In ‘S’ mode, it always switches to S4 automatically, regardless of what position it is in and does not change the number indicated even when you hear the ‘box downshift. Even when you want to upshift, the ECU takes into account how far you have depressed the accelerator and decides whether to allow an upshift or not. In case you are flat with the right foot, it will hold revs till you hit the redline before shifting up, regardless,of you selecting the next gear via the paddle shifter. This may have been nice in an angry sounding sports car, but here you are just forced to listen to an unrefined drone or lift your foot off thegas to shift when you want to. There is also the option of engaging ‘Power’ or ‘Eco’ mode or just leaving it in normal. There is a very slight difference in throttle response that can be felt with the manual transmission, however, this tends to be lost when using the automatic gearbox.
Toyota also has a 2.7-litre petrol engine on offer. This is the same one that goes into the Crysta and makes 164bhp along with 245Nm of torque. Unlike the diesel, this comes with a five-speed manual ’box or a six-speed automatic. We were offered the automatic version for a drive and it is safe to say that this is the one you leave alone when you go to the showroom.
Ride quality is impressive though and the new multi-link suspension manages to smother even large potholes (there are a few that have been left behind by the monsoon), without a second thought. The stiffer frame also makes it noticeably better at highway speeds. There isn’t the typical way wardness that you expect from a ladder-frame chassis, which makes it pretty relaxing even for long stints behind the wheel. However, the steering communicates nothing more than bumps. The electrically assisted mechanism does not weigh up in any situation and does little more than indicate the general direction your wheels are pointed at. Moreover, the tall stance causes a fair amount of roll and a lot of lateral movement at low speeds over larger potholes/off-road situations.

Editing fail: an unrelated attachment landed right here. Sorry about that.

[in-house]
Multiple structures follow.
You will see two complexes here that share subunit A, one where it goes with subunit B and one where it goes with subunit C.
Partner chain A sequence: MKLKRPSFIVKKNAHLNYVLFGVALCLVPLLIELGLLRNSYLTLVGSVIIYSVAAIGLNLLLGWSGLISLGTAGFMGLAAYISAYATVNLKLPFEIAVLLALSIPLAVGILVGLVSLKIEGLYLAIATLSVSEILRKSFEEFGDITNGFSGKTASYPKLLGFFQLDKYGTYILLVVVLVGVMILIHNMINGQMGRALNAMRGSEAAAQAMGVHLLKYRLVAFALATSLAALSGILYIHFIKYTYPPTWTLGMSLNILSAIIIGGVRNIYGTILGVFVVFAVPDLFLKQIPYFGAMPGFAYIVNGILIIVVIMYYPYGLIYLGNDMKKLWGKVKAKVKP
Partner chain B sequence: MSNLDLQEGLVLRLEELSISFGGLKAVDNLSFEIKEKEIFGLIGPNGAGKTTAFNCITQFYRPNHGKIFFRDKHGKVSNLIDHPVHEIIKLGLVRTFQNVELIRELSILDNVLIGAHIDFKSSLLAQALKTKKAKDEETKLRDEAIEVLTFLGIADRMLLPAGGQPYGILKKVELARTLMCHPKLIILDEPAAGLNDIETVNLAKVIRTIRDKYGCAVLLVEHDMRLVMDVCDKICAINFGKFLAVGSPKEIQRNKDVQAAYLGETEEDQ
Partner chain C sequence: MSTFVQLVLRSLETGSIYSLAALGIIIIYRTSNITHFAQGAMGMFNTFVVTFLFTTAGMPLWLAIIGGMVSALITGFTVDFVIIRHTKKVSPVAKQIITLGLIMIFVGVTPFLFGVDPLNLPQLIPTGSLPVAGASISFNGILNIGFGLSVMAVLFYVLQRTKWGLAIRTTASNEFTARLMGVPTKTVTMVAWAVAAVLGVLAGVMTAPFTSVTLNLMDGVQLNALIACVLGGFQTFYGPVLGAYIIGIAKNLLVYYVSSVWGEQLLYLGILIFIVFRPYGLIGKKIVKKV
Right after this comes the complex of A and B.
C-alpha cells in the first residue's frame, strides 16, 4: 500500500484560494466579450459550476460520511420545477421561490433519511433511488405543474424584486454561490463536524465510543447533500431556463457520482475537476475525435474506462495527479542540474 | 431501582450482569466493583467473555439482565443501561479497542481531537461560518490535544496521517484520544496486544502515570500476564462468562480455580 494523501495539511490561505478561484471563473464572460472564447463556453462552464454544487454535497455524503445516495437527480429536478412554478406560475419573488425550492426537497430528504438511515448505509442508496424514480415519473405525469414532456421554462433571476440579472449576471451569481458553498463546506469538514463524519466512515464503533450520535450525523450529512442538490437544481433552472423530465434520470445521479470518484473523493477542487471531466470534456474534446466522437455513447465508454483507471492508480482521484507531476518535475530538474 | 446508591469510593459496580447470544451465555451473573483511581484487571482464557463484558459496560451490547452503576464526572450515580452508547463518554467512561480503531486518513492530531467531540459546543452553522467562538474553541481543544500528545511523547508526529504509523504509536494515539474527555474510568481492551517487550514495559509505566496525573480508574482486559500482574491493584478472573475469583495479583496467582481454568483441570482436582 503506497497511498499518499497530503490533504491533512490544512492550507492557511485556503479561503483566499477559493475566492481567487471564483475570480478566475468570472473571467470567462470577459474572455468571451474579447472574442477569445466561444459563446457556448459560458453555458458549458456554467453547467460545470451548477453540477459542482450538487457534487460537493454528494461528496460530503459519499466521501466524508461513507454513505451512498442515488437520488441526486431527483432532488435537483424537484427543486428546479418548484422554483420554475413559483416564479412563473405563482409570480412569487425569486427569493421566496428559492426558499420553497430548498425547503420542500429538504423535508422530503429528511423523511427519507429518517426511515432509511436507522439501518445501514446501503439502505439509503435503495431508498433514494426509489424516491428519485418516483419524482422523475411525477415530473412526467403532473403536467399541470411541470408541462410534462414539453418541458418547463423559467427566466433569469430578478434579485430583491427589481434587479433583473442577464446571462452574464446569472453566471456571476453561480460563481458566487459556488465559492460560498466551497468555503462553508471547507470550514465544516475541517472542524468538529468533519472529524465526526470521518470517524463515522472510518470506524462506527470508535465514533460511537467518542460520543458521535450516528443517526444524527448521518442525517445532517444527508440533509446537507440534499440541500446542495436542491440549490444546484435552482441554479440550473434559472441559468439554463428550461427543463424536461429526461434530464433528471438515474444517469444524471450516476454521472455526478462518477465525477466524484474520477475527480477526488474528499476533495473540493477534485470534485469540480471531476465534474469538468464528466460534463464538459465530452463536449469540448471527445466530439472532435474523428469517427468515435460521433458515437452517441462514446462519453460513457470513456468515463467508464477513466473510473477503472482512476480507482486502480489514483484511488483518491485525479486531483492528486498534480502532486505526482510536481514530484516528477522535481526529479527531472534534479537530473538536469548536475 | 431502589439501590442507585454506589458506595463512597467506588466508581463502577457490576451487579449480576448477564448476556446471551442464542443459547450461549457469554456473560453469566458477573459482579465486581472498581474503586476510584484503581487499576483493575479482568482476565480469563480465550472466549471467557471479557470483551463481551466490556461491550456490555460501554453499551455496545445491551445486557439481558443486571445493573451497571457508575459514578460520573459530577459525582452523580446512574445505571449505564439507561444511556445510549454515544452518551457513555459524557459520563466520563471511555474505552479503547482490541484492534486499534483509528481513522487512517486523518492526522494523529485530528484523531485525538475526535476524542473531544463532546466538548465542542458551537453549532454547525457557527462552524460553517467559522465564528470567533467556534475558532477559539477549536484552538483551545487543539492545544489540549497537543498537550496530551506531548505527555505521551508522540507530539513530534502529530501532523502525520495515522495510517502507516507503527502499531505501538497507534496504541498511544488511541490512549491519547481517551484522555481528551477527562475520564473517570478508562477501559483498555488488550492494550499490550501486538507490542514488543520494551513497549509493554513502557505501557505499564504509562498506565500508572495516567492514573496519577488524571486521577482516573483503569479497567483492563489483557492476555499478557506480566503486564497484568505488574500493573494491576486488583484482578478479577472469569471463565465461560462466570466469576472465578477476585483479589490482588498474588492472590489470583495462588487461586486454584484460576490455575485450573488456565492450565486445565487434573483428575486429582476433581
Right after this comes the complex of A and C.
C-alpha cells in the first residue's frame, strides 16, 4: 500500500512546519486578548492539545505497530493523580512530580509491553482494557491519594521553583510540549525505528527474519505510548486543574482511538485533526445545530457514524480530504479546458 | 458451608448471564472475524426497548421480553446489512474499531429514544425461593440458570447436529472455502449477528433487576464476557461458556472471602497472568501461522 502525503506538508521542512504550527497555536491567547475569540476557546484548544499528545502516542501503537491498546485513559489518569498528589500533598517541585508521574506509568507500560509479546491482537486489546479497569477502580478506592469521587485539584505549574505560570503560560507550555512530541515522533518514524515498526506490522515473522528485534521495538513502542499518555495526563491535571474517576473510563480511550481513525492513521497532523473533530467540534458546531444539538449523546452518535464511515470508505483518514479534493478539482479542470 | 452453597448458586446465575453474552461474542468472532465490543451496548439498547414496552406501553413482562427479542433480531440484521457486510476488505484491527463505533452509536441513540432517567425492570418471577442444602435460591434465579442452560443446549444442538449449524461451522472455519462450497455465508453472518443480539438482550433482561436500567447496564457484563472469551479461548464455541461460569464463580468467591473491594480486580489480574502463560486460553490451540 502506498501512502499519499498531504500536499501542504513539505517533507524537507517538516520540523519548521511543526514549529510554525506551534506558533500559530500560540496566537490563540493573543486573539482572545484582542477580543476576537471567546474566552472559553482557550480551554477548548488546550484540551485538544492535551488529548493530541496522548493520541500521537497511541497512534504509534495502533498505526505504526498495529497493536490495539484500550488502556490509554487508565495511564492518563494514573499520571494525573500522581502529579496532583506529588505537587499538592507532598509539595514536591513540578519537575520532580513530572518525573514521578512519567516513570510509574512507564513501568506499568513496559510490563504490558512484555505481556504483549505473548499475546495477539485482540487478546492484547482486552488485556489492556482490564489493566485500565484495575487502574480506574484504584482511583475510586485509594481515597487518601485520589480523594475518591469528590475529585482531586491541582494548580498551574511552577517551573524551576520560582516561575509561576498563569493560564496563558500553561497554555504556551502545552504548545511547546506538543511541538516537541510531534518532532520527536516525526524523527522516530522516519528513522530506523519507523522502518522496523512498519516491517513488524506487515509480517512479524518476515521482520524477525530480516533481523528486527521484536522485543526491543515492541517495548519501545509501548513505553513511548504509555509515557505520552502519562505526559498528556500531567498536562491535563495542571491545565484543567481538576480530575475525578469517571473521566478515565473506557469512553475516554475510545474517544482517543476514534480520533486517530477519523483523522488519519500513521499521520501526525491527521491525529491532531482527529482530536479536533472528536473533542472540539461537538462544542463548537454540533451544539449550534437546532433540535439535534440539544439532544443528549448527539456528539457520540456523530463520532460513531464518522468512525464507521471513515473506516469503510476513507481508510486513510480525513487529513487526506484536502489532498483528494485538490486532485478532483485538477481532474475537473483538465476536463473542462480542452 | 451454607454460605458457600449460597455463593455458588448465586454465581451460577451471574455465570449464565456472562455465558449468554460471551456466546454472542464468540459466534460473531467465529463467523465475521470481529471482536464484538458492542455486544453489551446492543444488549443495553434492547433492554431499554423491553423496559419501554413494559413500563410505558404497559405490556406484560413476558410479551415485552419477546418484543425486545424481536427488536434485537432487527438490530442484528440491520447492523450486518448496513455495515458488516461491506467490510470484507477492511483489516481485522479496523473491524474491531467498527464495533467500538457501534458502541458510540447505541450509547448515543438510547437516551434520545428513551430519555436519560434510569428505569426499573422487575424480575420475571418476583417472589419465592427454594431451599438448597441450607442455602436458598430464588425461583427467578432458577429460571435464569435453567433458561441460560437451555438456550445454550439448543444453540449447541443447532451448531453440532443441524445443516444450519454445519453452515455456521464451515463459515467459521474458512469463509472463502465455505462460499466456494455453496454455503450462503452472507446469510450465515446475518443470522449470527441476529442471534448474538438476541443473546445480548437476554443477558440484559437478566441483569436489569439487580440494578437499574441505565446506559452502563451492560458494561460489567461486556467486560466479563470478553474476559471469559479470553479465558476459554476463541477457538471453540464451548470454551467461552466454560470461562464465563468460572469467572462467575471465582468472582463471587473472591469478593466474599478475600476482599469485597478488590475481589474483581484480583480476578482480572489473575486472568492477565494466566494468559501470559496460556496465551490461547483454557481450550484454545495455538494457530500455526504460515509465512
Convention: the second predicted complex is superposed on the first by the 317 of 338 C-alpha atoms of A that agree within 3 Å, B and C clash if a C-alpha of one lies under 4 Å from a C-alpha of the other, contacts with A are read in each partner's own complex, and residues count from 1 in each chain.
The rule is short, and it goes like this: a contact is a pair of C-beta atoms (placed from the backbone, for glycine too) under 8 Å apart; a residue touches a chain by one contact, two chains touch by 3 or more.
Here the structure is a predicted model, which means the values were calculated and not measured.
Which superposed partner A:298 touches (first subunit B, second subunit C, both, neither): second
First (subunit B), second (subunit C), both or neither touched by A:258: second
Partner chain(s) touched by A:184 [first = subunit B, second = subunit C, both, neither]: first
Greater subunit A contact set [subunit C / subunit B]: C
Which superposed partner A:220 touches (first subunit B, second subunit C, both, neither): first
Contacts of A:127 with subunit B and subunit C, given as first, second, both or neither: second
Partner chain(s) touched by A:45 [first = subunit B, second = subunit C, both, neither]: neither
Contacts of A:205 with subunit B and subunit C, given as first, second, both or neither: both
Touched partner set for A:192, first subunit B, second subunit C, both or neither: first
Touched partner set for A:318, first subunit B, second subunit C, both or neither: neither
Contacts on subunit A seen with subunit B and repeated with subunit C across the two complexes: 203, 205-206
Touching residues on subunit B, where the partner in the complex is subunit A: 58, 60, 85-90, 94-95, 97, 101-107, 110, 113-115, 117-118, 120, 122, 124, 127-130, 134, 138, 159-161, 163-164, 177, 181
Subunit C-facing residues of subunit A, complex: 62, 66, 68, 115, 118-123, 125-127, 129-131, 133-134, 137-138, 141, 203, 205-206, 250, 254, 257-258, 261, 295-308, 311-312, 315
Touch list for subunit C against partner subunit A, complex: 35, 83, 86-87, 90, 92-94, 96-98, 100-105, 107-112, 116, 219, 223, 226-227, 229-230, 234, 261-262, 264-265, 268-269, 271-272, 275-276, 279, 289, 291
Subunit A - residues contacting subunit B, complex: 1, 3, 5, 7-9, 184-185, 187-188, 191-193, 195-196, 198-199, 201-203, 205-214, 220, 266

What is interesting though is the number of new technologies that have been introduced to assist in off-road situations. Apart from being able to choose between two-wheel, four-wheel and four-wheel-low, it employs additional driving aids with the brakes. In case you have a free-spinning wheel, the brakes stop it and transfer power to the other wheel using active traction control (A-TRC) and in case of a steep downhill gradient, you can now engage DAC (downhill assist control) which uses pre-installed programs to determine your descent speed automatically (depending on gradient and lateral movement) and uses the brakes independently to do so. These should make the Fortuner a more capable off-road vehicle, although the first impressions about these technologies are mixed, especially the DAC.
Overall, Toyota has thrown a bit of a mixed bag at us with the new Fortuner. While the exteriors have moved away from its brute-like character, the interiors remain strictly adequate for a $44,000 car. Yes, it’s an upgrade over the older vehicle,but it doesn’t feel particularly plush or stylish. The slimmer dash and rearranged seats have freed up enough legroom for all passengers and the adjustable second row seats make it a very comfortable place to be in.
They have even implemented a roof-mounted seatbelt for the middle passenger to ensure full use of the most comfortable seats in the car. The front seats are pretty supportive as well, although the seat squab could’ve been longer. It’s safe to say the petrol motor is simply a case of Toyota hedging its bets against any sort of ban situation. The diesel is the obvious choice although the manual/auto debate is open for the sort of driving you prefer doing and, funnily enough, how strong your arms are – try engaging reverse in the six-speed manual and you’ll know what I mean.
Engine: Diesel: 2755cc, 4cyl, turbodiesel, 175bhp@3400rpm, 420Nm(MT)/450 Nm(AT)@1600-2400rpm, 6M, 6A
Petrol: 2694cc, 4cyl, petrol, 164bhp@5200rpm, 245Nm@4000rpm, 5M/6A
Tank capacity: 80litres
Tyres: 265/65 R17 (2WD), 265/60 R18 (4WD)
Pros: Clean, crisp exterior styling, ride quality, off-road ability
Cons: Ordinary dashboard, automatic gearbox, refinement at higher revs
Bottom line: The Fortuner has taken off in a new direction. It still has the ability but has traded its brutish character for style. Interiors could have used more inspiration. Ride quality and cruising ability are impressive.